Williams have admitted for the first time that they would consider letting Valtteri Bottas join Mercedes in 2017.
Mercedes want the Finn to replace Nico Rosberg, who retired after winning the world title last month.
Deputy team principal Claire Williams told BBC Sport the team would let Bottas leave “if an experienced, credible alternative was available”.
Williams suggested Felipe Massa could return, despite retiring at the end of this season.
“I’m delighted to see that a team like Mercedes lists Valtteri as a potential replacement for Nico,” Williams said.
“We have always known Valtteri is one of the sport’s key talents and are proud that the championship leaders recognise this.
“However, Williams has its own ambitions and we must always ensure we give our team the best opportunity to move forward. Any changes would only be made if Williams remains in a strong position to compete and develop in 2017.
“If we did allow Valtteri to leave, we would only do this if an experienced, credible alternative was available, such as someone like Felipe Massa, for example.
“Whatever we decide, it must be in the best interests of this team.”
Williams, who finished fifth in the championship in 2016, have rejected Mercedes’ first offer for Bottas, but talks are ongoing.
The team are playing hardball with Mercedes F1 boss Toto Wolff because he is in a difficult position having to find a driver to replace Rosberg when all the leading names are under contract.
However, it is a sensitive situation because Williams use Mercedes engines and they wish to keep a good relationship with the German manufacturer.
And now Mercedes have expressed an interest, Bottas is keen to take up the opportunity to join a front-running team.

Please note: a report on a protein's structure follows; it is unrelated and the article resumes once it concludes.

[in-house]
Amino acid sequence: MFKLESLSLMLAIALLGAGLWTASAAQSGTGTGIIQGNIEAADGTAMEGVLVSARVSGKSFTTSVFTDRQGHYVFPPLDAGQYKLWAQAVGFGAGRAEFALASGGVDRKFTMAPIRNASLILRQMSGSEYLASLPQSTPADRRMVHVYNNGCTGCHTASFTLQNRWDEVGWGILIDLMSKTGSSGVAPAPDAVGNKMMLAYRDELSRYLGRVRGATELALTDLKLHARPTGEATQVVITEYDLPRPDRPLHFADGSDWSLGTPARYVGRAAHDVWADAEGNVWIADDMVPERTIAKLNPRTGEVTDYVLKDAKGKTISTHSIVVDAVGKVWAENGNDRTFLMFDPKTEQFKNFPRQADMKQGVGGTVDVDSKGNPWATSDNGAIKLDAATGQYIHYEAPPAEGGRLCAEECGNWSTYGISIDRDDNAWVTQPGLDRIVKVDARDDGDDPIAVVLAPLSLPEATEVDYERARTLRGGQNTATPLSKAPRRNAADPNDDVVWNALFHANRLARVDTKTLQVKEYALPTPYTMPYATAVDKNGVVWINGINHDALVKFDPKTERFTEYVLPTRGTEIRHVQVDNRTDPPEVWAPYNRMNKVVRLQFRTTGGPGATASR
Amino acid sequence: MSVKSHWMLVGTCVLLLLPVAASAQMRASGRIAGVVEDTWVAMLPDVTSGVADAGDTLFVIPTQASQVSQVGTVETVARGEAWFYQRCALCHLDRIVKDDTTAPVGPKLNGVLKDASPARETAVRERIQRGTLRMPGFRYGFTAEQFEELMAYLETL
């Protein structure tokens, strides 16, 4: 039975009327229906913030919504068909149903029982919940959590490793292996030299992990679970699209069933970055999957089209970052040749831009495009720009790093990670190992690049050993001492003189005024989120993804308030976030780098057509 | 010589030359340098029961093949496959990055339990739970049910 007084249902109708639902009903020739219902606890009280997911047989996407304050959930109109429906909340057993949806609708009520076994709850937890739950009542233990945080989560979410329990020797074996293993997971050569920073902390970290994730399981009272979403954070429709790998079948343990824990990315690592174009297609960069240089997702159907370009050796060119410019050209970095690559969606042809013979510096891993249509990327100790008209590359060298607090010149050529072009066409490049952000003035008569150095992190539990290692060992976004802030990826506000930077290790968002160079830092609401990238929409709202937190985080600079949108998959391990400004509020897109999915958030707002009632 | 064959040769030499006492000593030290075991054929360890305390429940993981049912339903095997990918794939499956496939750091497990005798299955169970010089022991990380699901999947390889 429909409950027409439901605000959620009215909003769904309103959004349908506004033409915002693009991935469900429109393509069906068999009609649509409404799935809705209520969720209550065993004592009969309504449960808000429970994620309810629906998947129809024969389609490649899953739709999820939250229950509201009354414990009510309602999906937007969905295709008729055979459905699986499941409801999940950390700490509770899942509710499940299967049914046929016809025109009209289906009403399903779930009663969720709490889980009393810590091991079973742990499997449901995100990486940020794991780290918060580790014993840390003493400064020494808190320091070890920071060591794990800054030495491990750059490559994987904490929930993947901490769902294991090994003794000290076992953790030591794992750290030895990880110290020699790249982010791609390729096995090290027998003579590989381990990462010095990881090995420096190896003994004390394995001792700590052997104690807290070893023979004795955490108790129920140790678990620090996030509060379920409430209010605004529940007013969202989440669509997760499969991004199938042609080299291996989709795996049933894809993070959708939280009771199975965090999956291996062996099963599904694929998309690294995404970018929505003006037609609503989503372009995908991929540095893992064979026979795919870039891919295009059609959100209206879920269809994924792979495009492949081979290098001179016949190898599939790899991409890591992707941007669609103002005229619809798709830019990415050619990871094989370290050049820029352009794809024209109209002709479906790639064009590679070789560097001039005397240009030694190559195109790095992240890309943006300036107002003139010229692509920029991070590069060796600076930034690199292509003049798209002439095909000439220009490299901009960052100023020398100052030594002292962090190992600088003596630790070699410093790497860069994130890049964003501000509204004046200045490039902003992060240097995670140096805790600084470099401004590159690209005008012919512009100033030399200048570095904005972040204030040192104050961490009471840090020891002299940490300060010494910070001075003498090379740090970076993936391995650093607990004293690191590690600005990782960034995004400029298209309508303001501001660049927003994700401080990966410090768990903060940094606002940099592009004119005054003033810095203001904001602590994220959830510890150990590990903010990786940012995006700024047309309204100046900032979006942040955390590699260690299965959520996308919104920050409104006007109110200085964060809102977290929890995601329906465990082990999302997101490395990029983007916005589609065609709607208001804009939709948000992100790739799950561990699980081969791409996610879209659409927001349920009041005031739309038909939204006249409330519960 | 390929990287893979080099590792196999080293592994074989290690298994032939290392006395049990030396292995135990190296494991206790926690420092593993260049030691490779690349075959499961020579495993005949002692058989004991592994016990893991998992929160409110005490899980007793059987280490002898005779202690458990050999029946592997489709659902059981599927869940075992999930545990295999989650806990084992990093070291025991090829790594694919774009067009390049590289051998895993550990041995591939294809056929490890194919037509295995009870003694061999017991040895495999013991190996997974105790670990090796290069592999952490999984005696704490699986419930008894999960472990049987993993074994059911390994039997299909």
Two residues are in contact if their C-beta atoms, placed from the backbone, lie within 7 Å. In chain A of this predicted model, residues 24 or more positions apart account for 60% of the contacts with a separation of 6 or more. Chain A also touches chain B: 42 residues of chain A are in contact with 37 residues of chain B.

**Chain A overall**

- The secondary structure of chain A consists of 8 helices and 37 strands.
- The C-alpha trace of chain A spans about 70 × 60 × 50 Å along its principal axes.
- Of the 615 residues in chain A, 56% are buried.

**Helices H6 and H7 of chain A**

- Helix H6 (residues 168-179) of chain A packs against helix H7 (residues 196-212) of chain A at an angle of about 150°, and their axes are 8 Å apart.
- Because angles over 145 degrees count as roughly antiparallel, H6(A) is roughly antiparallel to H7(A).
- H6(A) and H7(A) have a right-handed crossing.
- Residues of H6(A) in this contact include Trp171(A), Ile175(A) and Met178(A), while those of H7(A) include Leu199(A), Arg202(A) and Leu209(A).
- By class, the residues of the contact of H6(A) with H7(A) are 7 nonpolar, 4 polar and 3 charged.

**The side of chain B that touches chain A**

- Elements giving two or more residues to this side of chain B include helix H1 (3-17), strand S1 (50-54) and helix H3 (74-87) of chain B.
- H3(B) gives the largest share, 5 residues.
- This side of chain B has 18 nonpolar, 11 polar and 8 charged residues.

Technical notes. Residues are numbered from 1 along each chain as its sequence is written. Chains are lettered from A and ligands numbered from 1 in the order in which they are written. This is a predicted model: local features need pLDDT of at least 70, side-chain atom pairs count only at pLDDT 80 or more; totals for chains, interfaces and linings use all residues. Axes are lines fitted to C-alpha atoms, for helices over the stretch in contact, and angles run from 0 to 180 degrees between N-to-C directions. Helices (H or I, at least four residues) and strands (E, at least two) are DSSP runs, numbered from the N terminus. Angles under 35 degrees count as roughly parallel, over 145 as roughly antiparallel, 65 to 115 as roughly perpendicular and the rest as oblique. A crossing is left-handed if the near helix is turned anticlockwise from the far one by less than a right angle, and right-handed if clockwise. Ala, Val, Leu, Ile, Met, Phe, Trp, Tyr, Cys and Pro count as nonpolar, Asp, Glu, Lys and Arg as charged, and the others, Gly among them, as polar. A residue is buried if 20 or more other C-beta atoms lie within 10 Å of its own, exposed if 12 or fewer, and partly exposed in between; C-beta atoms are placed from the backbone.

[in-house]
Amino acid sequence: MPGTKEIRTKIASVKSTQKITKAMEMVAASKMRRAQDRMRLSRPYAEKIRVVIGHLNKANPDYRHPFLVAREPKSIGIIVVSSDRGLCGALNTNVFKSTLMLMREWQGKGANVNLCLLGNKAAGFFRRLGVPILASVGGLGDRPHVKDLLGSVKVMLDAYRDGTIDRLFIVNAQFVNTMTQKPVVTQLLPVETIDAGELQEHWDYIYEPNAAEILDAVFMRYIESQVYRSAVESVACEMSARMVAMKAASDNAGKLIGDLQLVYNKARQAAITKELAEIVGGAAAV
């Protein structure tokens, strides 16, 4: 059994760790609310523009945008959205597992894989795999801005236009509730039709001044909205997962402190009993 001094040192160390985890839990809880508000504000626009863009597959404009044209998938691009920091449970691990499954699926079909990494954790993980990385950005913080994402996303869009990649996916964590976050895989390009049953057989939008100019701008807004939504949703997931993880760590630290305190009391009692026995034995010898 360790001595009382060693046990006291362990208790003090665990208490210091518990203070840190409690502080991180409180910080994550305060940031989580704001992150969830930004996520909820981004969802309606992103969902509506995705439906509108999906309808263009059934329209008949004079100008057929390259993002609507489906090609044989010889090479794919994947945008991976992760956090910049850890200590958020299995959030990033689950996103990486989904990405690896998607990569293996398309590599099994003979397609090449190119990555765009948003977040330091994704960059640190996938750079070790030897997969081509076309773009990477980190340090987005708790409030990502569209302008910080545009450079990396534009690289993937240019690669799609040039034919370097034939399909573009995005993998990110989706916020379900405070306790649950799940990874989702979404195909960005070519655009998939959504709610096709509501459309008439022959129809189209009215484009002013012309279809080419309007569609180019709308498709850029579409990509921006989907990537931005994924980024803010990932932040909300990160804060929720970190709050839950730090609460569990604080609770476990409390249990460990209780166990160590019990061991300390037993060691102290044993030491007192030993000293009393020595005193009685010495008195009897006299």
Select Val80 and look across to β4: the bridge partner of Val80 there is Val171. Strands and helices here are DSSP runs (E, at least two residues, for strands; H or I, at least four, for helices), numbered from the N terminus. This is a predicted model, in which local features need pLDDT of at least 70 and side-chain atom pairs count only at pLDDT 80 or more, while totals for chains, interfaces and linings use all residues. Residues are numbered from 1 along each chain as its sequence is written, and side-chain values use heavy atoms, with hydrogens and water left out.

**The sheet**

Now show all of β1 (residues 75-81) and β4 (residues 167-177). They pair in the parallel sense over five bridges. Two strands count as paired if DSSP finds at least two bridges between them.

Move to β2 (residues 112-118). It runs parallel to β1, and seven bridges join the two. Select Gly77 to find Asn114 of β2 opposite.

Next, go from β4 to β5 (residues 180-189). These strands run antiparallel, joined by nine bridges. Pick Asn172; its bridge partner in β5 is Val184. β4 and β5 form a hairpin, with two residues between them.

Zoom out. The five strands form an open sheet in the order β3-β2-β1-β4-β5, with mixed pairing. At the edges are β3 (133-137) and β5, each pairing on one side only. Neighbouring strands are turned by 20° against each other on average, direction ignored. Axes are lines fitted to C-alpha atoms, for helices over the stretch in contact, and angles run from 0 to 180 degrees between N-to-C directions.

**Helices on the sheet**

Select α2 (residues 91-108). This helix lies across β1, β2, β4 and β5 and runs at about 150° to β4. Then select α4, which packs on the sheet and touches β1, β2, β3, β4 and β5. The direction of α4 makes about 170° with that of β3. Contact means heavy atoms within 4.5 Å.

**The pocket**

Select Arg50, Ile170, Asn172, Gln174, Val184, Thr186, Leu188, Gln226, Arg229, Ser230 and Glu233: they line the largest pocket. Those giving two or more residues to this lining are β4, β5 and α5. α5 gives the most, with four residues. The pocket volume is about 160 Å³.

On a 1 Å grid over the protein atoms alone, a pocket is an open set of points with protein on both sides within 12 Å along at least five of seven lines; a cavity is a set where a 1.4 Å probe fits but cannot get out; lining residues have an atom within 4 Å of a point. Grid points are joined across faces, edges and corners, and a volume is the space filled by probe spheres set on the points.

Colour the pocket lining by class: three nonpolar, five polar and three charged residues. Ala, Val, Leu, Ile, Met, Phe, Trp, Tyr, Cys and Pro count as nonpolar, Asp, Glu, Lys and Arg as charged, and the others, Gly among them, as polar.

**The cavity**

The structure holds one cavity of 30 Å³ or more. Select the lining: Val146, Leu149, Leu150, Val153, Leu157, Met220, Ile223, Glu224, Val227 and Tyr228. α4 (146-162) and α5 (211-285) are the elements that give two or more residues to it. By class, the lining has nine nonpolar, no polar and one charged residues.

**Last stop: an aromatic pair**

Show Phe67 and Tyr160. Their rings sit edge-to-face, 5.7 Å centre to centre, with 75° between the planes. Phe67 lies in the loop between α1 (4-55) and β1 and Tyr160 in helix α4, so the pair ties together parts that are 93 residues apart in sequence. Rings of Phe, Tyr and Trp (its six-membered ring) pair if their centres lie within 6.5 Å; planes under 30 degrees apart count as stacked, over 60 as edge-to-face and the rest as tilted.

Williams need an experienced driver for 2017 to partner the 18-year-old Canadian rookie Lance Stroll, who is making his debut and is said to be bringing financial backing worth as much as £20m.
Re-employing Massa could be a good solution for Williams – the 35-year-old has the speed and experience to provide a benchmark for Stroll and the team, and to ensure they remain in a strong position in the constructors’ championship.
Massa scored 76% of the points of Bottas over their three seasons together and was an average of only 0.142secs slower in qualifying.
Although Massa announced his retirement from F1 in September, he made it clear he wanted to continue racing. So a seat at Williams could be a good opportunity for him.
And it could provide a benefit for Williams because the team could use the money it saves on the engine fee and Bottas’ salary to fund technical developments and boost their competitiveness in future years.
Sources say Massa made his announcement only after he realised that Williams were going to keep Bottas and sign Stroll and that he was unable to find a similarly competitive car elsewhere.
Wolff’s first offer to Williams for Bottas was for a reduction of €10m (£8.4m) in their engine bill.
It is considered likely that Williams will hold out for a figure much closer to the full amount – €17m (£14.2m) – to release the 27-year-old.
They are aware that Mercedes have money available for the deal because they no longer have to fund Rosberg’s salary – which was set to be in the region of $22m (£17.6m) for each of the next two years.
Additionally, but in a separate deal, Mercedes executive director (technical) Paddy Lowe is poised to join Williams in a senior management role.
Mercedes are set to replace him with the former Ferrari technical director James Allison.